Las Vegas is a bustling city known for its vibrant nightlife, casinos, and entertainment. However, in recent years, the city has made significant efforts towards sustainability development. As a city that has been historically known for its excessive consumption of resources, Las Vegas has undergone a transformation towards a more sustainable future. Las Vegas is not known for its Skyscrapers, but they can become an important component in the ecologization of the city.
Although skyscrapers generate a lot of usable space on a small footprint, they are not inherently efficient building typologies. The great height requires heavy constructions and elaborate strategies to manage the high static and dynamic forces acting on the building. The "PlantPoweredPowerPlant" concept takes advantage of the building's height and functions as an updraft power plant.
A generous canopy and a cavity in the center of the building, which functions as a chimney, form the basic system. The size of the roof is determined by the potential for sunlight, with a larger canopy on the south side and a more compact one on the north. Sunlight enters through the outermost glazed shell and strikes laminated timber panels that are heated as a result. The warm air rises up the chimney and generates electricity via turbines. The high thermal storage capacity of the massive timber and the resulting slower release of heat lead to a continuous airflow, generating electricity day and night. In addition, photovoltaic panels are applied to the laminated timber panels to directly harness solar energy. Many openings in the laminated timber panels allow warm air from the surroundings to flow through, enhancing the convection effect, while natural light illuminates the entire ground floor Area. The natural cooling effect on the surroundings is a practical side effect.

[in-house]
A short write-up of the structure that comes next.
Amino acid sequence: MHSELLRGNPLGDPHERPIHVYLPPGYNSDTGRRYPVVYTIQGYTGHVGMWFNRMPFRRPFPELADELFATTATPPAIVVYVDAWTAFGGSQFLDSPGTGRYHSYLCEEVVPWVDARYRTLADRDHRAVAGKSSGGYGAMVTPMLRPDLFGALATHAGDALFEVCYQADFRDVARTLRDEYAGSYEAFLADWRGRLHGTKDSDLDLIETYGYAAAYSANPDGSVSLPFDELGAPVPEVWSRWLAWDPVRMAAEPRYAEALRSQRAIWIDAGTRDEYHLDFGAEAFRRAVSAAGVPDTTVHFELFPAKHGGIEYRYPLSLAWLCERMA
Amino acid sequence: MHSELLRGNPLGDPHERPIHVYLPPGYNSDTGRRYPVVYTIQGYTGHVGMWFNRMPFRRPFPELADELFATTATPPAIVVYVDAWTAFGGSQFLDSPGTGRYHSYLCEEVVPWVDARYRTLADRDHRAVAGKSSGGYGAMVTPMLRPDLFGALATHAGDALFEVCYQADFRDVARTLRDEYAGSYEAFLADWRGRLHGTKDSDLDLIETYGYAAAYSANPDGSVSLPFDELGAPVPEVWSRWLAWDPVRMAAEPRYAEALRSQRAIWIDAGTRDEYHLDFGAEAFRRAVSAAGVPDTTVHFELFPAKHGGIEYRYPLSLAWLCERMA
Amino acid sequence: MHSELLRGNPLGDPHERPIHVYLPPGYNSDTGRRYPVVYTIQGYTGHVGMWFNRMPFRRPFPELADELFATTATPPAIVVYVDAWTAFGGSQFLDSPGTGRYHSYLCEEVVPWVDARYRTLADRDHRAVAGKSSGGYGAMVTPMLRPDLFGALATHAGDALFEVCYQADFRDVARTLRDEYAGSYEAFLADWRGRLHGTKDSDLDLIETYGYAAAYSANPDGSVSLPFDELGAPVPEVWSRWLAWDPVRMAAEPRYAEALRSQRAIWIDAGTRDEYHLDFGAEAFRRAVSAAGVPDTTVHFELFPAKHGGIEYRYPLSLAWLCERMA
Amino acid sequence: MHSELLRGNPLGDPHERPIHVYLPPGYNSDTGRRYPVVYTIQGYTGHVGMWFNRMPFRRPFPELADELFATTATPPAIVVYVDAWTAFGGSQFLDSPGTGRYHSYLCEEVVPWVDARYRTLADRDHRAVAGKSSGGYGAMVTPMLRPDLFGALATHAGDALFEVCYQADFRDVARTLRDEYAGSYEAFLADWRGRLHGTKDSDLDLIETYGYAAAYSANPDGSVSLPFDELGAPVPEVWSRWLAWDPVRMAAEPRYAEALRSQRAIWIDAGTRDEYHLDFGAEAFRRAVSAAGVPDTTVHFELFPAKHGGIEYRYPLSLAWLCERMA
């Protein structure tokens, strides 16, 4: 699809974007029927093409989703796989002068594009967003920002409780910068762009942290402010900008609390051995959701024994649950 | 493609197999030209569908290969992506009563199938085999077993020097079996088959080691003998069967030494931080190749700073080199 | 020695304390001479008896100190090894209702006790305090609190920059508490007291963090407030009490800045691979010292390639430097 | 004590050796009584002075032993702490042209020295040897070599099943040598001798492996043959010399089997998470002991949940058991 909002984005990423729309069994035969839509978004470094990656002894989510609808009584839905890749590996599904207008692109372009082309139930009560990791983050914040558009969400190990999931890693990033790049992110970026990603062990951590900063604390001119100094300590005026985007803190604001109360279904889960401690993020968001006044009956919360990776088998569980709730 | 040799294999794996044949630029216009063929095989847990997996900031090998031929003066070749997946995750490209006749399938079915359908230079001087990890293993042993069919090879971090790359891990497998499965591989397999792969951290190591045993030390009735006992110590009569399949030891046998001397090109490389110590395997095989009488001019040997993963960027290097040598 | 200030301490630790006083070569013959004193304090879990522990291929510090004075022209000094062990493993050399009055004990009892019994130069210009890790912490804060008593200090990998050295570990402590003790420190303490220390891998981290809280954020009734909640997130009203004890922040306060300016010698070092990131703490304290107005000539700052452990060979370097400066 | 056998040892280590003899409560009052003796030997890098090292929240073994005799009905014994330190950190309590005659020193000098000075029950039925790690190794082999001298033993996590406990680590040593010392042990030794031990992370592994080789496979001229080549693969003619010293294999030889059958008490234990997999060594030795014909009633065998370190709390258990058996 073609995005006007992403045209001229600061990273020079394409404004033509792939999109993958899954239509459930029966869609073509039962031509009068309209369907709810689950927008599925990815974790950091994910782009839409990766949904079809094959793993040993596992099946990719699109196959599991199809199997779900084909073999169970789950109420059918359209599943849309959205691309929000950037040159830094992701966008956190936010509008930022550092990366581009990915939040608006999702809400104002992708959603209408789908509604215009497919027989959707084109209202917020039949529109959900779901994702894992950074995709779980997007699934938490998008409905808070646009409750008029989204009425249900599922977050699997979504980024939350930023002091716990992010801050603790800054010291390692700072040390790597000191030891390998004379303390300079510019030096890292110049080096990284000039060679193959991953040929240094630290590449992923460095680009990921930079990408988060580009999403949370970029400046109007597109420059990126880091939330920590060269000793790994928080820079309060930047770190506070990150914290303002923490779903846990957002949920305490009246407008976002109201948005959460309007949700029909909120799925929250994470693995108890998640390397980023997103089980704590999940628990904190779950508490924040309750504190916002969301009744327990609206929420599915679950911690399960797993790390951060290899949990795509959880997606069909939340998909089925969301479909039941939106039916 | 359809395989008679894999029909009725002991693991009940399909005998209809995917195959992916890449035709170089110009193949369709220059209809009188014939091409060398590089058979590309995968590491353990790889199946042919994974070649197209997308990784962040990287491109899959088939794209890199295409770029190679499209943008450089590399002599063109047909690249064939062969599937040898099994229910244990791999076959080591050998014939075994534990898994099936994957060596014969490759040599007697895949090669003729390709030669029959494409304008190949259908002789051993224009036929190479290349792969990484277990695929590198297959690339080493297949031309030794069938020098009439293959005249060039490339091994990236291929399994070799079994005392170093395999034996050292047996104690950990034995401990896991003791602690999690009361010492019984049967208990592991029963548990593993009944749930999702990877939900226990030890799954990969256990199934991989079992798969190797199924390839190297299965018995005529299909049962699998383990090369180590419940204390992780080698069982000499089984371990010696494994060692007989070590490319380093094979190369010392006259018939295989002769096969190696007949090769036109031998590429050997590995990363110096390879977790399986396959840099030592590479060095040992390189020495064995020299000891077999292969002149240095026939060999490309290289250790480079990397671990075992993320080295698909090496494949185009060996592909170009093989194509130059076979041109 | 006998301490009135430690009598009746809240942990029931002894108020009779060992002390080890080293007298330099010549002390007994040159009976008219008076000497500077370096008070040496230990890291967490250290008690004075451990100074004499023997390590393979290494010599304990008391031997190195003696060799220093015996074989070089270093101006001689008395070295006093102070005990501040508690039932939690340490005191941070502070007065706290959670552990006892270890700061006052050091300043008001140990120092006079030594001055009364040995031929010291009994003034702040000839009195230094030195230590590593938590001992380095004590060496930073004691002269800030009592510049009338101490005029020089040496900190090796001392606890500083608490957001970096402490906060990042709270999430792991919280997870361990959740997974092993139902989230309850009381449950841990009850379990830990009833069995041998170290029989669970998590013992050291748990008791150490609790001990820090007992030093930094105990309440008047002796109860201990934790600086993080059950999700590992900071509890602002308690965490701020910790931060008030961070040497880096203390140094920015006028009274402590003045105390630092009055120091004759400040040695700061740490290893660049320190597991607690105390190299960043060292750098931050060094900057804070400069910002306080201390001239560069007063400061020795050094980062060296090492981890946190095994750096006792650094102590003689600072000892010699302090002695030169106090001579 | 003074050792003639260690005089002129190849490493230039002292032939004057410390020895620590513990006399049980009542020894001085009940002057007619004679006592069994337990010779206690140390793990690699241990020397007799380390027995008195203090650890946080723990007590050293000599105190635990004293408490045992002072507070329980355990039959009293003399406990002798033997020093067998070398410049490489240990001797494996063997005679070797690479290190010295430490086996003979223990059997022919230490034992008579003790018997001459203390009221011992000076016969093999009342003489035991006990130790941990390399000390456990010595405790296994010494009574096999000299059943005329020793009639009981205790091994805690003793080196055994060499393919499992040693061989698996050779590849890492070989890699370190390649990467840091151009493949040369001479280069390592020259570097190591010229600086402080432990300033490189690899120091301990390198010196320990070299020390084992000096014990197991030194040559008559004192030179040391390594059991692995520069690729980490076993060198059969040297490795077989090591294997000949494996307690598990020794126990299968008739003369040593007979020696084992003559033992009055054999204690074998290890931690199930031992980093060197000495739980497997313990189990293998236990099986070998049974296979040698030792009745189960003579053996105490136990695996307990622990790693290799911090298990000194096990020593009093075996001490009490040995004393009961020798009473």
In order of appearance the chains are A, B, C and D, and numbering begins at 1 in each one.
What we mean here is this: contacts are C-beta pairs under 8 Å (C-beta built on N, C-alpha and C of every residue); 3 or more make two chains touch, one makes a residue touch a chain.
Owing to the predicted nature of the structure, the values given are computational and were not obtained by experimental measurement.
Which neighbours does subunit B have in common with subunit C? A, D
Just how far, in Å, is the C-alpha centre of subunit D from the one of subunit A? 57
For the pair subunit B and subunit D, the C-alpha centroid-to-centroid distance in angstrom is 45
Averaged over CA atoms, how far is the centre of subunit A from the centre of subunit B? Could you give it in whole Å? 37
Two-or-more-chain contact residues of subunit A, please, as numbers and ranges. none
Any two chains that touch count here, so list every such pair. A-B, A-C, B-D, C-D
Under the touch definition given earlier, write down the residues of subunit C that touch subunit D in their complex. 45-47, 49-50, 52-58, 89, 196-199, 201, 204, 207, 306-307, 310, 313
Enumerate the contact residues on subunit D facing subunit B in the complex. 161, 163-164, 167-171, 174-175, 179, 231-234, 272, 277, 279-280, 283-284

While a construction site in Las Vegas has been chosen, in principle, this skyscraper concept could be implemented in many areas of the world with abundant sunshine.
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